Egypt has finished revising an economic reform plan needed for a $4.8 billion IMF loan, the prime minister said on Wednesday, but he did not say when the government might return to negotiations with the fund.
Egypt's government signed a preliminary agreement for the urgently needed loan in November, but the formal signing was delayed after political turmoil forced it to postpone a number of austerity measures necessary for a deal.
Prime Minister Hisham Qandil said the government had now finished drawing up a revised reform programme, basing changes on recommendations from a national dialogue that had been held with different interest groups.
"The new revised programme has been finished," he said in a televised interview with MBC Masr, without giving further details.
Qandil said the government was in touch with the IMF - International Monetary Fund - by email, but when he was asked whether it was true there were difficulties in getting loan negotiations restarted, he said: "Definitely ... (But) we won't go back to zero."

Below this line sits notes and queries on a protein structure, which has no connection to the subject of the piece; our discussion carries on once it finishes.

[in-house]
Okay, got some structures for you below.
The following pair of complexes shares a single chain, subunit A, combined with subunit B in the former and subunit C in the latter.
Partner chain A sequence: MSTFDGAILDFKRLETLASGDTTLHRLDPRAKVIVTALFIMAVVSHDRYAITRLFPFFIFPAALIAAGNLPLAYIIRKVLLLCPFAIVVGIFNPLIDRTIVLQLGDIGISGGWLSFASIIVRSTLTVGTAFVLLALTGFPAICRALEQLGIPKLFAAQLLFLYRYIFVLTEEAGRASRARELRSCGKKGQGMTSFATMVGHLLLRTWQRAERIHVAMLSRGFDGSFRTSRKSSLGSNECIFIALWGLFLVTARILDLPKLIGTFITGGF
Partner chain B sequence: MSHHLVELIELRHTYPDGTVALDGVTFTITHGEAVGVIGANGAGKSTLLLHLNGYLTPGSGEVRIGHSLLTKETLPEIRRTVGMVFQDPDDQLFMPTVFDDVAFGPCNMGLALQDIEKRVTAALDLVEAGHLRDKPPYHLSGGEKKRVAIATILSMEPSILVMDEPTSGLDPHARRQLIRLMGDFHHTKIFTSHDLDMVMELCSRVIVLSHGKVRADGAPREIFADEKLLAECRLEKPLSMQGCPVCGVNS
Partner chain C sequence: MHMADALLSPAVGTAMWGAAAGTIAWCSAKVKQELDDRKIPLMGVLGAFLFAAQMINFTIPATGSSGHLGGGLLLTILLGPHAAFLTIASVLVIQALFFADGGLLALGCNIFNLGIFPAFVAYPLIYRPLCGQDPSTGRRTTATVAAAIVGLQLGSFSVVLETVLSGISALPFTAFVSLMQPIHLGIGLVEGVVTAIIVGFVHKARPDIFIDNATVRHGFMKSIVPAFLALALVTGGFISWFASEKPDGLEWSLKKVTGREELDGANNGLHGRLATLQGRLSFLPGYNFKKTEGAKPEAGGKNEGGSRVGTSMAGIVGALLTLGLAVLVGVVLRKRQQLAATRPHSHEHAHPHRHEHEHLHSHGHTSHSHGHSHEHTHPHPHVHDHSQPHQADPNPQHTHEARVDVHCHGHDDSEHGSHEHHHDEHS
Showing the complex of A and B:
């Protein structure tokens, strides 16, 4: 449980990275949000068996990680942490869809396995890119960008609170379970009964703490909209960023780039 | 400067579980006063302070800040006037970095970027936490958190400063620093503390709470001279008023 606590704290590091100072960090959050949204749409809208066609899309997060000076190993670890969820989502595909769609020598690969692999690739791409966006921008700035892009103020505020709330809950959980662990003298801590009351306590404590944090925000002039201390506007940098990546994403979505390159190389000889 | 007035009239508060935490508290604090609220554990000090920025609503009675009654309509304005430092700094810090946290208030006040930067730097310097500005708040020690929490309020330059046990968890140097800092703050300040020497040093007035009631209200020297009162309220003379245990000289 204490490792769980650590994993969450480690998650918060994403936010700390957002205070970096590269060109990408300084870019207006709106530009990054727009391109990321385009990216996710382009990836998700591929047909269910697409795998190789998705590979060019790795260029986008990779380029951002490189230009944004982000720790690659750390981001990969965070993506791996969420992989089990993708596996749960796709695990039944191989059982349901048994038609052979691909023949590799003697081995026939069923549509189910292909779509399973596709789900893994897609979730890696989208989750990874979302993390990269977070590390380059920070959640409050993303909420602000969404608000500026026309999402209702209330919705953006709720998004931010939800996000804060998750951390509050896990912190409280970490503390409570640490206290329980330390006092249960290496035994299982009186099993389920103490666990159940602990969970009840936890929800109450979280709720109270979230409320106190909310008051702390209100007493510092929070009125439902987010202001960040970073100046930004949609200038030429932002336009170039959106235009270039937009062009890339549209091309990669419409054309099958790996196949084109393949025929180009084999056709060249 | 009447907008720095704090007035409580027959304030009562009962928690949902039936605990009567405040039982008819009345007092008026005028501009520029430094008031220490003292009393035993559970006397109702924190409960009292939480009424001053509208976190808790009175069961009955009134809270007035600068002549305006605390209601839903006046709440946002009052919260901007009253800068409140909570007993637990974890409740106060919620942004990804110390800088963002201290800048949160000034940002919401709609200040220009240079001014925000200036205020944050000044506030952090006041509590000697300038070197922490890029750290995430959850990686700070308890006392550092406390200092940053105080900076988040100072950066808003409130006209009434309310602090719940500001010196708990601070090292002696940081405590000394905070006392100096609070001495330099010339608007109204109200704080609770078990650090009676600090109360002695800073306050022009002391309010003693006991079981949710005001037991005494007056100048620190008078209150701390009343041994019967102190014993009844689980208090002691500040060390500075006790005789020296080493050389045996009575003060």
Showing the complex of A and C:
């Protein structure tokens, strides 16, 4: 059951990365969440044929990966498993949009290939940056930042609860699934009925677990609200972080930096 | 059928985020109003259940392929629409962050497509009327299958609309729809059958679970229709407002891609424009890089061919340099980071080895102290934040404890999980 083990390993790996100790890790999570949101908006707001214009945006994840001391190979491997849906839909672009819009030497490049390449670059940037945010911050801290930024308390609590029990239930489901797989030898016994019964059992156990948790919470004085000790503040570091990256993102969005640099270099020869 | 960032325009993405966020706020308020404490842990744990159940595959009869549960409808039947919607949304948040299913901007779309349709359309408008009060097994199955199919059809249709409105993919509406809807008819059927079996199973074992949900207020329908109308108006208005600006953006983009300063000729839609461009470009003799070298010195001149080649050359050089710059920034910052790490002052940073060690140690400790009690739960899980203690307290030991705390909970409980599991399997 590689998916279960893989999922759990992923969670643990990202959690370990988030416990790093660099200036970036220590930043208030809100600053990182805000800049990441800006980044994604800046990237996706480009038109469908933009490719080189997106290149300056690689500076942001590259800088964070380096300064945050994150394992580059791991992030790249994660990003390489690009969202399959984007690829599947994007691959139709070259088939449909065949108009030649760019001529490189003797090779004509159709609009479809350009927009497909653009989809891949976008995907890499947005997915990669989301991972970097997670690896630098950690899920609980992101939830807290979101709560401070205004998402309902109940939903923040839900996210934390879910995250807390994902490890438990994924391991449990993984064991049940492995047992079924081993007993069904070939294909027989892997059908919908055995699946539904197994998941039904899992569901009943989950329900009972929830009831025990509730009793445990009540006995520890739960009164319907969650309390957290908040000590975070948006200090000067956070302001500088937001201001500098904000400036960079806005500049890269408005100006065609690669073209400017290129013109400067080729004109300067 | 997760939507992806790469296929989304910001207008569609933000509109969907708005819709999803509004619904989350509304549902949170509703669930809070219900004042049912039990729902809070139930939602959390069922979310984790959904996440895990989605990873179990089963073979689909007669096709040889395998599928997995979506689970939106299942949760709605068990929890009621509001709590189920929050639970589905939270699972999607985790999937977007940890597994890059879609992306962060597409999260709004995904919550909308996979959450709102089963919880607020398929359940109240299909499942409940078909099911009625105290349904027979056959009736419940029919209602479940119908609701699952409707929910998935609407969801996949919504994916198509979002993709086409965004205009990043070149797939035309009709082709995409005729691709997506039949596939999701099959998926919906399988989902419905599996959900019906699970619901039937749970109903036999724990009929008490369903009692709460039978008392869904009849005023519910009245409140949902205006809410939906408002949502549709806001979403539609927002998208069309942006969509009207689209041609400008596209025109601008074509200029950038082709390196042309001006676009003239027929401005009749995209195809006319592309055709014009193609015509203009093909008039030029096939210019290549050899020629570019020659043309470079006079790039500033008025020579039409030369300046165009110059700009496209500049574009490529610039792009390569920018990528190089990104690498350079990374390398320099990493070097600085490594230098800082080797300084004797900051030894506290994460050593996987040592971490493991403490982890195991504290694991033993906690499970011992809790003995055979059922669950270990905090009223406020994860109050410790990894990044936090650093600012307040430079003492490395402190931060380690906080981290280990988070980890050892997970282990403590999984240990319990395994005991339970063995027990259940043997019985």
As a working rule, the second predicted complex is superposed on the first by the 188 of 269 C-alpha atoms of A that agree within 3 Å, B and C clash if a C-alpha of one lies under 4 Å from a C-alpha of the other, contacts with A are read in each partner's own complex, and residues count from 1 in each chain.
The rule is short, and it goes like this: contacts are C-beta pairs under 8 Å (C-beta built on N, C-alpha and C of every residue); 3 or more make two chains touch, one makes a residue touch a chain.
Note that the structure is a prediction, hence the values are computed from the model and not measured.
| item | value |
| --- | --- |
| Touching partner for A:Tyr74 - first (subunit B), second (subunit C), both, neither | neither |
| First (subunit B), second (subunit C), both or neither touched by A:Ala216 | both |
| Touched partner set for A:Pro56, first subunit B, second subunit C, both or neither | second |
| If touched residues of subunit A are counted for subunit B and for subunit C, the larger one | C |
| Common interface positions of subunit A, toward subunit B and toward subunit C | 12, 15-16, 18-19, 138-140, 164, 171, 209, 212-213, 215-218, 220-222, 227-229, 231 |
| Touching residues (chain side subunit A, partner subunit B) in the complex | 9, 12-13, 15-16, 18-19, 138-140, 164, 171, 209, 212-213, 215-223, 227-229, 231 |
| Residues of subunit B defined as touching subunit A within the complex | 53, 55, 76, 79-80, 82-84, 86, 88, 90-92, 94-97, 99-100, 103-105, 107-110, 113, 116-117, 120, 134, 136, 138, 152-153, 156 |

Egypt opposition leader Mohamed ElBaradei on Tuesday called for a national consensus to secure the loan and save the country from economic collapse.
Ratings agency Moody's cut Egypt's credit rating on Tuesday, citing doubts about its ability to secure the loan and the economic impact of a new round of political unrest.
Moody's also cited a further weakening in Egypt's external payments position given a large drop in foreign reserves in January as the country battles to stave off a currency crisis.
Egypt's central bank has said foreign reserves fell to $13.6 billion in January, below the $15 billion level needed to cover three months worth of imports.
"The economy is not in a good state. The economy needs a pause. It needs calm," Qandil said.